From the start, Jenkins knew the meetings needed to be free, frequent, and in a place where women could not only resolve breastfeeding issues with the help of licensed professionals, but also join a community. “Part of it is changing the paradigm in the United States,” says Jenkins. “If someone breastfeeds successfully, they breastfeed more children and also help their friends and fellow mothers to breastfeed.”

It was also important to make the entire operation flexible and cost-effective. There are three levels for baby cafes. First-tier cafes have an IBCLC at every meeting. Second-tier cafes are run by multiple people, such as a nurse or midwife, at least one of whom is an IBCLC. Third-tier cafes are operated exclusively by alternative practitioners who provide weekly briefings for an IBCLC.

The reason for the tiers, Jenkins explains, is that baby café care is not only culturally relevant, it’s actually possible. “There are areas of the country where there are no IBCLCs” — let alone IBCLCs of color — “and in places where the majority of the population is black and brown, we need black and brown experts,” says Jenkins. “The idea is that baby cafes can be staffed with what’s available in the community,” she adds, including limited funding.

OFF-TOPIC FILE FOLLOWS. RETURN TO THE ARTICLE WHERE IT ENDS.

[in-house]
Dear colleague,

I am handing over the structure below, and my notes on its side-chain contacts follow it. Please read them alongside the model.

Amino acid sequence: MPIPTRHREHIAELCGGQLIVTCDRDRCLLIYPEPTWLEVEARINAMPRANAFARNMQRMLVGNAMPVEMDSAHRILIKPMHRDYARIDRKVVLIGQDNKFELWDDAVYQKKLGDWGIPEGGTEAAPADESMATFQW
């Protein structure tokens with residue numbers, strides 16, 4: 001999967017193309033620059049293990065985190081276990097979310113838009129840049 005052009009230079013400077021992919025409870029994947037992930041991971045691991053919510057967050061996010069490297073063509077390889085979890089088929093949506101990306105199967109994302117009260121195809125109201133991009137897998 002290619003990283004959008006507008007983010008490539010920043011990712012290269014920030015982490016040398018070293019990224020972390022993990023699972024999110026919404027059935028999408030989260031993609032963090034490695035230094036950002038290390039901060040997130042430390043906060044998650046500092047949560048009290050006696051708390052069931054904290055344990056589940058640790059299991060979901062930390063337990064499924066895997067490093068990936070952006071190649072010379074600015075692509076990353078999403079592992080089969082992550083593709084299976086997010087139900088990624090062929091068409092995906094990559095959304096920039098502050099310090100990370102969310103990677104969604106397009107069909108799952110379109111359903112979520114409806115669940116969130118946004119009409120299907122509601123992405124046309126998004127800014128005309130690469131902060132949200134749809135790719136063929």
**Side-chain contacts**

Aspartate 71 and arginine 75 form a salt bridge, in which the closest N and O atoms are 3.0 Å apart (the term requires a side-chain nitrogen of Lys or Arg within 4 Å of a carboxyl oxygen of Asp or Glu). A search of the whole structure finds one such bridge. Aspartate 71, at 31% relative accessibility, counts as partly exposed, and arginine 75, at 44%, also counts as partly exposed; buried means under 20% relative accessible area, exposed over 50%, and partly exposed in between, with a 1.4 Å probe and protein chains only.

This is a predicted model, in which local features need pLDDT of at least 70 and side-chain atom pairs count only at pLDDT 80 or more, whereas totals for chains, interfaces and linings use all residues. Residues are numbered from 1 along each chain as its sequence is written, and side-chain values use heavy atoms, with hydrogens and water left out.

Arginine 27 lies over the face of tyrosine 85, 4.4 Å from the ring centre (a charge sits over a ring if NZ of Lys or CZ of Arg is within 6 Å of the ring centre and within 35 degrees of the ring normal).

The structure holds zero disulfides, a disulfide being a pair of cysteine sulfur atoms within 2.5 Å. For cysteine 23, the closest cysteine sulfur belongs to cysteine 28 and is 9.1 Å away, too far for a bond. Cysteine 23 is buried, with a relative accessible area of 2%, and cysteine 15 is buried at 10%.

The tiers also create the opportunity for more cost-effective models. Their nonprofit’s initial license is $750, which includes $350 of training that can be attended by as many people as the new site wants. To ensure required standards of care are maintained, each cafe must renew its license for $200, or just $100 for up to four satellite Baby Cafe locations originating from a “mother” Baby Cafe. The annual cost of running the cafe ranges from about $8,000 to $20,000 per year, depending on the tier.

The aim is to keep the cost of running a cafe down by running out of donated space, with the additional expenses, such as B. the payment of IBCLCs, be kept low enough to be covered by small grants from the community. From YMCAs to dental offices, milk banks and more, Jenkins has found that there are many partners in the community willing to help. “Psychiatric centers, WIC offices, chiropractic offices — they all open their rooms often,” says Jenkins.

Especially when the benefits are so clear. Jenkins carefully tracked data with QR codes and anonymized responses. “The most common comment we hear from women is, ‘I wouldn’t be breastfeeding today without Baby Cafés.'”

Cinnamon Janzer is a freelance journalist based in Minneapolis. Her work has appeared in National Geographic, US News & World Report, Rewire.news, and others. She holds an MA in Social Design with a specialization in Intervention Design from the Maryland Institute College of Art and a BA in Cultural Anthropology and Fine Arts from the University of Minnesota, Twin Cities.